If you believed that D. symbogenesis was the simple, easily controlled organism SymboGen described in their press releases and paperwork, you have been sold a bottle of snake oil. While you may well deserve what that gets you, the truth is, I enabled Steve to become such a great salesman… and while I may not regret the science, I am truly sorry for the lies.
—FROM CAN OF WORMS: THE AUTOBIOGRAPHY OF SHANTI CALE, PHD. AS YET UNPUBLISHED.
I don’t think anyone can deny that the SymboGen Intestinal Bodyguard™ changed the face of medicine as we know it. Chronic conditions can now be treated on an ongoing basis by the ingestion of a single pill—it’s just that the pill contains the egg of a D. symbogenesis, and the implant will handle all the ongoing medical care. No more worrying about affording your prescriptions, no more missed doses or mix-ups at the pharmacy. Everything is taken care of.
Were we perfect from the word “go”? No. Even if we weren’t only human, that would have been a little much to ask of us, don’t you think? We could only do what anyone is capable of doing: our best. We rose to the challenges we were offered, and we did what we could to meet and match them. I think that when history looks at our accomplishments, the good that we managed to do will outweigh the bad. I hope so, anyway. No one wants to set out to be a hero, and discover after the fact that they’ve been a villain all along.
—FROM “KING OF THE WORMS,” AN INTERVIEW WITH DR. STEVEN BANKS, CO-FOUNDER OF SYMBOGEN. ORIGINALLY PUBLISHED IN ROLLING STONE, FEBRUARY 2027.
After Dad’s dire warnings, the entry hall of the L4 building was almost anticlimactic. I was expecting something out of one of Joyce’s science fiction movies, with unfamiliar equipment and unexplained lasers everywhere. What I got was basically a hallway that could have been leading to any ER in the world. The walls were a hospital-standard shade of eggshell white, with bands of color painted on them to help guide researchers to the right parts of the building, and the floor was an industrial avocado green that looked like it had been chosen to coordinate with generic medical scrubs.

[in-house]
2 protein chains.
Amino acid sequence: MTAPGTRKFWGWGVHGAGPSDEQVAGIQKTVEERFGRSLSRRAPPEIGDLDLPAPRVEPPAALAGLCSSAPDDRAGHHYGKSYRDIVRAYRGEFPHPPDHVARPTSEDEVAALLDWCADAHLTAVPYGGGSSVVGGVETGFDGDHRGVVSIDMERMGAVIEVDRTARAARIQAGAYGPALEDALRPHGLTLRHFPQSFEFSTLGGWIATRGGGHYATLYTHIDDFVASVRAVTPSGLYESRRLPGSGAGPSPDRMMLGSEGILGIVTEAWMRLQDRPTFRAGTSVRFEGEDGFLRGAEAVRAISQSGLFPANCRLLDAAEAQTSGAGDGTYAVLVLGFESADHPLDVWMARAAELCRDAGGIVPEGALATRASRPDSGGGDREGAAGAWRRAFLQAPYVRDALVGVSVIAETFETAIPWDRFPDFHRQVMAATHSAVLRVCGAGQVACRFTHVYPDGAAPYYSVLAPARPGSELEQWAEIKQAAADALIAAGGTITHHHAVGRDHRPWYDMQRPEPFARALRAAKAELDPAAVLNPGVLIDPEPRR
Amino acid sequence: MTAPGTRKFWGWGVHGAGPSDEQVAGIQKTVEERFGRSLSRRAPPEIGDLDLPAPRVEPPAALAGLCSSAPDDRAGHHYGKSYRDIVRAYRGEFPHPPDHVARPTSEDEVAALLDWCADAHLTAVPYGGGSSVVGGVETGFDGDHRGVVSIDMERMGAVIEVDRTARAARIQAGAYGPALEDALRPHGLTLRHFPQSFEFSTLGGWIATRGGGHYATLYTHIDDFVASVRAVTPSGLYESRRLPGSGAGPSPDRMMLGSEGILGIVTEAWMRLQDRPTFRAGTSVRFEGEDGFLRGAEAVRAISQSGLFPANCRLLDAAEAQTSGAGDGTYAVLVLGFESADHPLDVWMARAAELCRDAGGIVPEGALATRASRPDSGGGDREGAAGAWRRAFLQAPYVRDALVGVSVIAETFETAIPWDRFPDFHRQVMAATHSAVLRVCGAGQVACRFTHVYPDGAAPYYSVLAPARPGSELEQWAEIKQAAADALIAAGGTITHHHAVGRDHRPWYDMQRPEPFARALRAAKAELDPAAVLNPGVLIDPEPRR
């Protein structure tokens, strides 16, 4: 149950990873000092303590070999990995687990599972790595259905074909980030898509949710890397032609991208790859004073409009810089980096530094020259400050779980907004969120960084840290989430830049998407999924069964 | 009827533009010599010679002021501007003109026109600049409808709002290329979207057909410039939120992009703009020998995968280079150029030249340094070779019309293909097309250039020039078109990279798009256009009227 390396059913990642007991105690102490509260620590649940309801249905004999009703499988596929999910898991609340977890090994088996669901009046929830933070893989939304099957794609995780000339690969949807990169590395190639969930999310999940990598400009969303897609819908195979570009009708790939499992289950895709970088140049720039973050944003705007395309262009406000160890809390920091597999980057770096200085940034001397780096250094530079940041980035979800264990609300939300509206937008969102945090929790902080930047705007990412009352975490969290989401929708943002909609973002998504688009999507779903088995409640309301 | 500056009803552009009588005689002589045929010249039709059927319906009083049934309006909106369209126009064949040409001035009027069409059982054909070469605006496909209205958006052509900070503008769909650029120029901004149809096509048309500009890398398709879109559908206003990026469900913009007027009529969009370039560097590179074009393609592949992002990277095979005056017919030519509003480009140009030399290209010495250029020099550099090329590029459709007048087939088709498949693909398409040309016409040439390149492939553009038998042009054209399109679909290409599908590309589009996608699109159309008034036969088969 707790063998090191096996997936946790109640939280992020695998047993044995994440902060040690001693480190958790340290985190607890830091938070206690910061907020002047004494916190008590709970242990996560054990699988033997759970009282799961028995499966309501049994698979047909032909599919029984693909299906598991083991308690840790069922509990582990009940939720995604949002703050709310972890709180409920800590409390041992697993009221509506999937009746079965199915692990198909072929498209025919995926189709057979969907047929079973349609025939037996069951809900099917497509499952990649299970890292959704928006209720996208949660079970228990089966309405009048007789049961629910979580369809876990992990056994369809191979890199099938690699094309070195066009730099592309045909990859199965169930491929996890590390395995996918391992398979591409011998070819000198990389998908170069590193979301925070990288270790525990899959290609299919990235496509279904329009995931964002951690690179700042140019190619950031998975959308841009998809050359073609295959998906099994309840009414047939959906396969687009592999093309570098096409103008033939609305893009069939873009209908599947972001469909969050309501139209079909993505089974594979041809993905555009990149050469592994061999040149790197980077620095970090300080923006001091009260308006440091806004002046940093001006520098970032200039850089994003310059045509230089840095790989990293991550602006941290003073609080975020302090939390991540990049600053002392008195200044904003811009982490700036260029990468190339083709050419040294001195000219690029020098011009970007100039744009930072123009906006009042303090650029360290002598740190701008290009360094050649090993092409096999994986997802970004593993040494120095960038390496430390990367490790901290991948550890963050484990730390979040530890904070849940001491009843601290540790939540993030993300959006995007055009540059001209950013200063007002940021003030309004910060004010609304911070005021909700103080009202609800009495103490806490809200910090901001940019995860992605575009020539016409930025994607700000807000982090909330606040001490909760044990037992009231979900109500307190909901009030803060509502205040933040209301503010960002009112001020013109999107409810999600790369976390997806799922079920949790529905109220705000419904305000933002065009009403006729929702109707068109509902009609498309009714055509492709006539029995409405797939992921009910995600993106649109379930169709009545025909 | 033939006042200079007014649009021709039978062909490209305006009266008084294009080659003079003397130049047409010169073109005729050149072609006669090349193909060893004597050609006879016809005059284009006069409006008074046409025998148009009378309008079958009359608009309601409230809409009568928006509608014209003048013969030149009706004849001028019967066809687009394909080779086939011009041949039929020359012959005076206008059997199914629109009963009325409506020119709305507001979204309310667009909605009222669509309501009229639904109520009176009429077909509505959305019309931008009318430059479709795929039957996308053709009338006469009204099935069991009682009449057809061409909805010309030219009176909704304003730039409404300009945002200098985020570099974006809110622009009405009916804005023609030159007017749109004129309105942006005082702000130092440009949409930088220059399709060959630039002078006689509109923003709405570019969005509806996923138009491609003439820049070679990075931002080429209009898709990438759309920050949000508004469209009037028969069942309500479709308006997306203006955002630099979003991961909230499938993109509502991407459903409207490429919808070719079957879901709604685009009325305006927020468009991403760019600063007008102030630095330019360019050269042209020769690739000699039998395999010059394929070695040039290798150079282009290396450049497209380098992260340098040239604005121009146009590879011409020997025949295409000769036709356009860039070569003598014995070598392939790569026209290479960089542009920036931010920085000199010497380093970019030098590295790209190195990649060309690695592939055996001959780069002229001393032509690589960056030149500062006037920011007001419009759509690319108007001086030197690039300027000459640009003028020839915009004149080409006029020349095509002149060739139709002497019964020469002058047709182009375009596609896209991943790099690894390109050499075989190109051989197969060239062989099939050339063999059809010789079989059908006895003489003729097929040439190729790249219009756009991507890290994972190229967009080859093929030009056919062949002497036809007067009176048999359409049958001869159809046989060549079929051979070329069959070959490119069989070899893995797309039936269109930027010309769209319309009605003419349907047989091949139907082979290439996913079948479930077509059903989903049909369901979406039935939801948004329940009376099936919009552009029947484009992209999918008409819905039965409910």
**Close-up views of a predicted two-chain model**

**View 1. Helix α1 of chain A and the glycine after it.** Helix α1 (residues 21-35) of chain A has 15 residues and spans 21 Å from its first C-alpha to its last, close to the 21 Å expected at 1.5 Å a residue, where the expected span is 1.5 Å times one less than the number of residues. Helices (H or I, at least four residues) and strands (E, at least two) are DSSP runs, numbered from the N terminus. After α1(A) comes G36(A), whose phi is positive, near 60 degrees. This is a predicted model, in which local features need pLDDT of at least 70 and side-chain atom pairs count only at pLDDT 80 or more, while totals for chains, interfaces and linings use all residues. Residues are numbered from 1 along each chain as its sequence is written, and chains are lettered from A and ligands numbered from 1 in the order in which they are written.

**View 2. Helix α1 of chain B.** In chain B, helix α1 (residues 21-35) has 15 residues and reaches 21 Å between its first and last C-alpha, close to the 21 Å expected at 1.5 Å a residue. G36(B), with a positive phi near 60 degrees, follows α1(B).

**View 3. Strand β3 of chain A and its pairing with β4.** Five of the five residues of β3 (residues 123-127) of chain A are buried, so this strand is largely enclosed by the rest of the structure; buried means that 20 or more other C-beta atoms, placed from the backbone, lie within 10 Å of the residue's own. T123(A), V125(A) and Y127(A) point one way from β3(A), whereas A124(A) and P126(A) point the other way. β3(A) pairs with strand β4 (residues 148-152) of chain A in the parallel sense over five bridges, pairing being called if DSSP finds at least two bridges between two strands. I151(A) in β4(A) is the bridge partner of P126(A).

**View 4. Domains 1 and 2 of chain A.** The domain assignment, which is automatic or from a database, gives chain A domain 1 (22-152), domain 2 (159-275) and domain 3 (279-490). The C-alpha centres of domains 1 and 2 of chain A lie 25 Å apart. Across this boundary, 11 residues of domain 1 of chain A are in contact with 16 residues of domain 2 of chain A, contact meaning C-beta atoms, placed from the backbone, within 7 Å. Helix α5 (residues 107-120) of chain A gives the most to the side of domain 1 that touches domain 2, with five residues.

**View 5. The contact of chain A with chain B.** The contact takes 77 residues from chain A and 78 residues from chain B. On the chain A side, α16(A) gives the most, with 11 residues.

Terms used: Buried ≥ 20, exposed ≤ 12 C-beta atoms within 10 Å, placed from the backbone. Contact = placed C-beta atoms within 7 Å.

Another uniformed guard sat at the reception desk. Dad motioned for me to stay where I was as he walked over and exchanged a few words with the man in a low voice. The man’s eyes flickered to me and back to Dad again. I tried not to squirm. Finally, my father leaned over the desk and picked up an old-fashioned telephone. A thick cord connected it to a base that looked heavy enough to be used as a melee weapon. He brought the phone to his ear, and was silent for several seconds before he said, “This is Colonel Alfred Mitchell. My daughter, Sally, is with me. Can you confirm the current conditions in the main lab?” There was another pause before he said, “Yes, I’ve cleared her presence through the appropriate channels. I am the appropriate channels. Can you confirm current conditions?”
He sounded annoyed. I stayed where I was. When my father was annoyed, the last place I wanted to be was in his line of fire. He never really yelled at me—that pleasure was generally reserved for Joyce, who didn’t seem to mind; she gave as good as she got, anyway, and that seemed to work for both of them—but he’d look at me sometimes like he wasn’t sure what I was doing, or why I was allowed to be wherever I was, and that was something I wanted to avoid if at all possible.
When he looked at me like that, he was frightening.
Dad made a small, irritated sound. “Well, tell Michael to put things back in their boxes. We’re coming through in five minutes. Sally has something she needs to show me, and that means we need to be inside the lab space.” He slammed the receiver down on its base harder than he needed to as he turned to face me. “The lab is not prepared for civilian visitors. They’ll be ready for us shortly.”
“Do you mean ‘not prepared’ like ‘they need to clean up,’ or ‘not prepared’ like ‘someone dropped a vial and now it’s all melting flesh and screaming’?” I asked. I wasn’t sure I wanted to know the answer. I wasn’t sure I’d ever sleep again if I didn’t know the answer.
That actually made Dad smile. “Neither,” he said. “It’s ‘not prepared’ in the sense of ‘there is confidential material that shouldn’t be seen by civilian eyes out on the counters.’ ”
“Oh.” I paused, frowning. “But… isn’t Joyce a civilian?”
Dad’s smile faded. “Yes,” he said, and the weight of disappointment in that word was as crushing as it was confusing. If Joyce was a civilian, what was the problem with my asking the question?
He turned away before I could ask him, saying something else quiet to the guard at the desk. The guard nodded, handing him a key card and a visitor’s pass. The pass had my picture on it. Dad turned, holding them out to me.
“How did they make it so fast?” I asked, taking the pass and card.
My father ignored my question. “The women’s changing room is over there,” he said, indicating a door at the back of the reception area. It was unmarked. “Go in there and get yourself into some scrubs; affix the pass to the front of them. We’re going into a clean area, and I’d rather you didn’t introduce contamination.”
“Just get changed, Sal. We’ll talk about all this later.”
I frowned. His mood swings and changes in attitude were starting to worry me. Given Dr. Cale’s description of the components of D. symbogenesis, what were the chances it could be interfering with his brain function? Was my father’s implant beginning to take over? And if it was, was there anything I could possibly do about it?